What does Animal Farm say about human morality? 

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amarang9 | College Teacher | (Level 2) Educator Emeritus

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In Animal Farm, Napoleon might've had aspirations of power prior to the Rebellion. However, the implication in the novel is that power can lead to corruption and absolute power can corrupt absolutely. When Napoleon begins to isolate himself from the other animals, he creates a class system in which certain groups of the animals are treated differently. With this structure in place, he and the other pigs further isolate themselves from the other animals to the point that they (Napoleon and the pigs) become just like Mr. Jones in terms of how he/they mistreat the animal workers.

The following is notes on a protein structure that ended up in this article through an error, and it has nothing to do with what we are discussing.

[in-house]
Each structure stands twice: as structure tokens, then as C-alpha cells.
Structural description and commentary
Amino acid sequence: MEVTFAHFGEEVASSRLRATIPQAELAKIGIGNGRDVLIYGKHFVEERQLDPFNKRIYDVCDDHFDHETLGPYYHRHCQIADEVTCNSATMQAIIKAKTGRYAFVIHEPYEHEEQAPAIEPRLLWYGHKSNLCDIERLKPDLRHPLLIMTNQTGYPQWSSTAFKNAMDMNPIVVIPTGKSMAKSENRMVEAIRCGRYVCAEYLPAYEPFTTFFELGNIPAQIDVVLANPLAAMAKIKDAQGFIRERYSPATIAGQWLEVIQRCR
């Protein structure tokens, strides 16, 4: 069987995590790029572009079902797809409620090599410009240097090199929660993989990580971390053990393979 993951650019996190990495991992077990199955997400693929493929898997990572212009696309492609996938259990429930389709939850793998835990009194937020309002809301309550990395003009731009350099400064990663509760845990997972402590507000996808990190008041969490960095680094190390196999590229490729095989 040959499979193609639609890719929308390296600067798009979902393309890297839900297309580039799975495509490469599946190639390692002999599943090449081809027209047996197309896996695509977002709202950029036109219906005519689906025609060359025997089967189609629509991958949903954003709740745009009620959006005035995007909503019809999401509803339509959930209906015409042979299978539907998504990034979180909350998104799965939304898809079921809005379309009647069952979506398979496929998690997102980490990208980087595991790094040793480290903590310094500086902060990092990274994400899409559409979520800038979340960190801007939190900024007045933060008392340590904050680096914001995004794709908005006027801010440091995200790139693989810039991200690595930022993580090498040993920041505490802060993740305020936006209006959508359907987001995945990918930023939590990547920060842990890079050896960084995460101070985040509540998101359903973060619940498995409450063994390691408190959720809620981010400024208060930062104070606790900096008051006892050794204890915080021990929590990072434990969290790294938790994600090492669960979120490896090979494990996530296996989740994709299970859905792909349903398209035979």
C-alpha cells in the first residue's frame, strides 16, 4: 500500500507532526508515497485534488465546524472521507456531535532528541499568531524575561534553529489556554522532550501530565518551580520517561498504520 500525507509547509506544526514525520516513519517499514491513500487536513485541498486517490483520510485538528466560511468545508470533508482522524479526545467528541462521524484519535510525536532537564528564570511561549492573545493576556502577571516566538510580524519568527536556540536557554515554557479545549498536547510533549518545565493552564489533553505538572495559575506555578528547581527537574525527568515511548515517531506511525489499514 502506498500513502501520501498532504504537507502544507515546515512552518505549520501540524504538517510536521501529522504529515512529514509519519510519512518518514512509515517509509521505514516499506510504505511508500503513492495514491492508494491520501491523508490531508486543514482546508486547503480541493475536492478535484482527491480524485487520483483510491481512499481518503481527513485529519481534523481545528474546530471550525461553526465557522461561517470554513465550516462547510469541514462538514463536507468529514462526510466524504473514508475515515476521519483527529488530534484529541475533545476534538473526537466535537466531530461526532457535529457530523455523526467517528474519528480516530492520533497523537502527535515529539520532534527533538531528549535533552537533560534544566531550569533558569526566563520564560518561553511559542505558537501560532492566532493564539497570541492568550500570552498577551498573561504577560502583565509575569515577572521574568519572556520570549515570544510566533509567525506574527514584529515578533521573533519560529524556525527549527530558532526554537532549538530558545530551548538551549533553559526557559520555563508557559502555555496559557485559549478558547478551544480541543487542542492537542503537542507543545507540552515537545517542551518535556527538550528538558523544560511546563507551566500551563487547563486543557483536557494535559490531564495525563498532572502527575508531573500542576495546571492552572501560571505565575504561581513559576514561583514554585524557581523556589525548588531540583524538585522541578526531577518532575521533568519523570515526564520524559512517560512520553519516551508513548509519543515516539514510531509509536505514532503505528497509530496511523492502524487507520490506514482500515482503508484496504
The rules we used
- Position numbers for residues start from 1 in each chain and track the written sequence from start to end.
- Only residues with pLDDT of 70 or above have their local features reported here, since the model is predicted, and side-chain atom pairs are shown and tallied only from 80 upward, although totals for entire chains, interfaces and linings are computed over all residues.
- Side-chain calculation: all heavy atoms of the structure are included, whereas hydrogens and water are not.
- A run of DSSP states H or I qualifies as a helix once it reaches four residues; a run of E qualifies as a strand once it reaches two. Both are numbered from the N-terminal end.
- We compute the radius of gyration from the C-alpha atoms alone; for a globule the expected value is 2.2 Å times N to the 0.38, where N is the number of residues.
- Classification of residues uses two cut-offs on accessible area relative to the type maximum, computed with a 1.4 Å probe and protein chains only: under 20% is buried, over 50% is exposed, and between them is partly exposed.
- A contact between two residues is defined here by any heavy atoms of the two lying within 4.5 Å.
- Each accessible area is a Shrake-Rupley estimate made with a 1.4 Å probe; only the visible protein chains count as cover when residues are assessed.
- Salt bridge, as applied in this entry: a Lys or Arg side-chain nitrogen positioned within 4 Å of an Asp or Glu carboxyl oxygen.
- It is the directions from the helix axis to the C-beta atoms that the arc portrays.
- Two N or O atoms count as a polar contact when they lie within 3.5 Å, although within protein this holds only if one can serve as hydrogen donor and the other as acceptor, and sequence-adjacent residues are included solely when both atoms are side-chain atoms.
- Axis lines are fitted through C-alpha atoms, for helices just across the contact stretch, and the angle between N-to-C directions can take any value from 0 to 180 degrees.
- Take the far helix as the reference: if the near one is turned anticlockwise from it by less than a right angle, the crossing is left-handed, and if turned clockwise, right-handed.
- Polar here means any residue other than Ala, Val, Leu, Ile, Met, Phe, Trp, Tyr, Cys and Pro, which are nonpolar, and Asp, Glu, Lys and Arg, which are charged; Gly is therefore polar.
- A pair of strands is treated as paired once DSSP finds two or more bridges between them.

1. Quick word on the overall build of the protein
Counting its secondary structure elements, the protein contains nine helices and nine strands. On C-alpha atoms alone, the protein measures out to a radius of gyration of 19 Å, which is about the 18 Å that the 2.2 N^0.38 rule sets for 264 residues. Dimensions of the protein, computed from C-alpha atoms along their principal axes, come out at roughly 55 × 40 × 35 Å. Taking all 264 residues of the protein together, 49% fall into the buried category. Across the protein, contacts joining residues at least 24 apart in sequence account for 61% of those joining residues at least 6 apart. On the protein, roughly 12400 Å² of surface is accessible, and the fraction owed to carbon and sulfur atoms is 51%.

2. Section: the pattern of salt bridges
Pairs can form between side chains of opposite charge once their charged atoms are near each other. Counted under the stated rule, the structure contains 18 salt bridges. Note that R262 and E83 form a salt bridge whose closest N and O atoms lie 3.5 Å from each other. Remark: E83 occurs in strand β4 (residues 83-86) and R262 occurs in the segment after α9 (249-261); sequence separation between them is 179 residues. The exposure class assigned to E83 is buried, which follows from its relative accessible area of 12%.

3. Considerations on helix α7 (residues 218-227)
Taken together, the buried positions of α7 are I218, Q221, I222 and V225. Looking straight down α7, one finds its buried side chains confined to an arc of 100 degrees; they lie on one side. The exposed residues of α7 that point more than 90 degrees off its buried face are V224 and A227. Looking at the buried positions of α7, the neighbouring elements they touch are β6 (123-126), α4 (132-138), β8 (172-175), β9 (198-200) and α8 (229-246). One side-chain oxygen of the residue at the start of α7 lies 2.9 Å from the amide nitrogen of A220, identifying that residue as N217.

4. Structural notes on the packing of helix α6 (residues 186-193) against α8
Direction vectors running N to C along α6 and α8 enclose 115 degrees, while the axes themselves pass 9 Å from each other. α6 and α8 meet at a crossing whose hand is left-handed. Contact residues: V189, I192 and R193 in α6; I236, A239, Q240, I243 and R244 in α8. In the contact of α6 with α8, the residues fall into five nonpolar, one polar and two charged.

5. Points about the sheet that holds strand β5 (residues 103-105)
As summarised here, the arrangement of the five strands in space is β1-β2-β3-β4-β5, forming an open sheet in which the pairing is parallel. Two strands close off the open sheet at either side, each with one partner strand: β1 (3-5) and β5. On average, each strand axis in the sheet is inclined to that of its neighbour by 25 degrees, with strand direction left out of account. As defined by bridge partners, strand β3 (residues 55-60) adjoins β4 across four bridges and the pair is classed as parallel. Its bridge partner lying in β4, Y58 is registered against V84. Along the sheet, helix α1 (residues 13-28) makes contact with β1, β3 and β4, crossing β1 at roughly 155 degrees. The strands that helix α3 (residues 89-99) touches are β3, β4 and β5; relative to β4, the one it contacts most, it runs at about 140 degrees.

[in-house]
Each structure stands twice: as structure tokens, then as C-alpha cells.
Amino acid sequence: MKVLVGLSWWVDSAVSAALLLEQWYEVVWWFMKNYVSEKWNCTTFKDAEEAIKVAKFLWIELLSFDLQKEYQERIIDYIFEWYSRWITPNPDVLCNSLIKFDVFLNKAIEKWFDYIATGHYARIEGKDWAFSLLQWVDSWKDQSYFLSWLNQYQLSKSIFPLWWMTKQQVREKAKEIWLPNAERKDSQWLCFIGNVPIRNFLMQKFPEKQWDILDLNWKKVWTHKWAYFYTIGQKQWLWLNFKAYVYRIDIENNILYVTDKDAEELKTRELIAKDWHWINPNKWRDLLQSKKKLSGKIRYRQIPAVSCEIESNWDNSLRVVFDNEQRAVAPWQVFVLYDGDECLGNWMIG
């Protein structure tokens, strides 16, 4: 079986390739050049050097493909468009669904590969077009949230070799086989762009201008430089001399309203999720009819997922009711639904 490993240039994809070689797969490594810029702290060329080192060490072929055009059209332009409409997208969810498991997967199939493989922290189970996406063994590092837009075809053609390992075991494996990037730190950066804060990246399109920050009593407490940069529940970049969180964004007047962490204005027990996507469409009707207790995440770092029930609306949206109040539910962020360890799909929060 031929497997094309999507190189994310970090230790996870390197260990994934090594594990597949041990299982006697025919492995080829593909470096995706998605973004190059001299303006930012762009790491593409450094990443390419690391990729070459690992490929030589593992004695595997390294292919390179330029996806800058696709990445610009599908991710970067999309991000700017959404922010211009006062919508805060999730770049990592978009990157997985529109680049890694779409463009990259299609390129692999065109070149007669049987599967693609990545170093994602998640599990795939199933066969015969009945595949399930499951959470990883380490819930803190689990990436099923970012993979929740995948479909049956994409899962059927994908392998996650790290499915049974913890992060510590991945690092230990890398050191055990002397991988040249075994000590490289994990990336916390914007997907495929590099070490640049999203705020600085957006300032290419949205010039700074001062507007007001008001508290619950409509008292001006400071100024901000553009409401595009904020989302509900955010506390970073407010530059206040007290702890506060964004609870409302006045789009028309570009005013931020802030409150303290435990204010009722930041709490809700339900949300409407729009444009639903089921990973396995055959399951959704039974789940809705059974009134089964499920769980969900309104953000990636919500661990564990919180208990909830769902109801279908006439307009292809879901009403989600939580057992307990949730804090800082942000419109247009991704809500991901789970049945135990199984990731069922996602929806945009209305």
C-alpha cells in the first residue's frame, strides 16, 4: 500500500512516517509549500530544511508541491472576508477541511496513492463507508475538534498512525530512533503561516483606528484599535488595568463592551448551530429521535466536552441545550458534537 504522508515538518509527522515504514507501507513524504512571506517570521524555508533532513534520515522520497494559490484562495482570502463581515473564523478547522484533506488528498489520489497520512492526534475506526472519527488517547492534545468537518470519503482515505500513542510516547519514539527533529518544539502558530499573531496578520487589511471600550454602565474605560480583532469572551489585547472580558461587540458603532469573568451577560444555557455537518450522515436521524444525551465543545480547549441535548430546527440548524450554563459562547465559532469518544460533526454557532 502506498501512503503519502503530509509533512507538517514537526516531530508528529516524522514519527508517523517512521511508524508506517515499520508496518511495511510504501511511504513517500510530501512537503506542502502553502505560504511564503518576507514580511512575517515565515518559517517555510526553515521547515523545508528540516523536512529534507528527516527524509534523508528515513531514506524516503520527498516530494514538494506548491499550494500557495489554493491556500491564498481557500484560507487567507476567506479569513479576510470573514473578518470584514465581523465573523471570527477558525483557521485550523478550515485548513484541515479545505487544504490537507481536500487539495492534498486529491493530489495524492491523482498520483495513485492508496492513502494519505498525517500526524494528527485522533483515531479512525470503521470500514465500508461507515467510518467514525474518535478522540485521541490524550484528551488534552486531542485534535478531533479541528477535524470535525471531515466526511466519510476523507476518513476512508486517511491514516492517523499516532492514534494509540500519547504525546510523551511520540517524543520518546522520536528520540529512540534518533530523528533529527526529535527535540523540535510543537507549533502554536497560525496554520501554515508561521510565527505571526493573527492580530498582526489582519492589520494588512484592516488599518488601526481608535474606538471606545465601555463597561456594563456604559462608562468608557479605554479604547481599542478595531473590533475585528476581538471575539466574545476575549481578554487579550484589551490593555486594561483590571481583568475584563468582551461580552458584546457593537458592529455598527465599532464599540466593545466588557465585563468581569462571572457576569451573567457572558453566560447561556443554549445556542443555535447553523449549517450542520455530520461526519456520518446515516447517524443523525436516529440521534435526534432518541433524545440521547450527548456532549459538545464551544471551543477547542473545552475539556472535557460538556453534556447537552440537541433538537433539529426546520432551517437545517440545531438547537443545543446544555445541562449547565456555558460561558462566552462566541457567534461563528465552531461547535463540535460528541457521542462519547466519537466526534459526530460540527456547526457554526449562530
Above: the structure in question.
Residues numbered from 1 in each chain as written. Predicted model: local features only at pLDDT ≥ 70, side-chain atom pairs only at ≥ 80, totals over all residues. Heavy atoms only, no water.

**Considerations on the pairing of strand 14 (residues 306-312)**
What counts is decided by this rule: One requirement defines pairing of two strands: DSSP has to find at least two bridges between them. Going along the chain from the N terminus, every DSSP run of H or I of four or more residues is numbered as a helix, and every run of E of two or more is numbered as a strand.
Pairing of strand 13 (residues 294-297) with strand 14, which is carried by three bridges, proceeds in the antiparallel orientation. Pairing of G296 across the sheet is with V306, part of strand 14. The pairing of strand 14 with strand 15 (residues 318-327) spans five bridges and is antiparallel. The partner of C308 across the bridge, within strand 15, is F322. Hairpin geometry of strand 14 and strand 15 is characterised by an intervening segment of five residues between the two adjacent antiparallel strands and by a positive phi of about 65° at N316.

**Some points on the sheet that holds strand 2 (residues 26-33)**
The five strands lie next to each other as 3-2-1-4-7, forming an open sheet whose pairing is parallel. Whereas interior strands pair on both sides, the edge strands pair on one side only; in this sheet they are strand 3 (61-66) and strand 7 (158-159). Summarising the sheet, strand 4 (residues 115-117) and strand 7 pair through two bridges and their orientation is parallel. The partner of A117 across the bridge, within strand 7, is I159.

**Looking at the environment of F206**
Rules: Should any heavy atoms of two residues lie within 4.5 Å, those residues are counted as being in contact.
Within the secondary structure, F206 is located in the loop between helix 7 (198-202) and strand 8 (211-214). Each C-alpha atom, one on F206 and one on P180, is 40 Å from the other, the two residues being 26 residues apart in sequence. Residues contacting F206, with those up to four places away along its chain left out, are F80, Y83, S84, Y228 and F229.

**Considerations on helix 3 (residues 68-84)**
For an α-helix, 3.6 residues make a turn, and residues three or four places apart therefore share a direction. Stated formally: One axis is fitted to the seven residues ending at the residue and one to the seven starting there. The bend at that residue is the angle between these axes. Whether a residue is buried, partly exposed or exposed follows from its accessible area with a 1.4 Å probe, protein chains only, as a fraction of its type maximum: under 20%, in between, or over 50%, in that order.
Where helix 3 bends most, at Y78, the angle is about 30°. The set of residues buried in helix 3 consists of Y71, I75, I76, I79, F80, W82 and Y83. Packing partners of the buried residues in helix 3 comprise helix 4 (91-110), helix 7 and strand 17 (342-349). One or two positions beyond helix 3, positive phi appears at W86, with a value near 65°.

Snowball recognizes the windmill for its power and its ability to make lives easier for the animals. Napoleon recognizes Snowball as a threat to his own power and subsequently chases him off the farm. Napoleon then claims he championed the idea of the windmill all along. However, he looks at it for its productive powers; he doesn't consider how the windmill can help improve lives of all the animals. With Napoleon, it is power and selfishness that complete his corrupt leadership. 

Power is the corrupting element in this novel. It is an allegory on human morality, so what is said about the animals is implied as part of human nature. 


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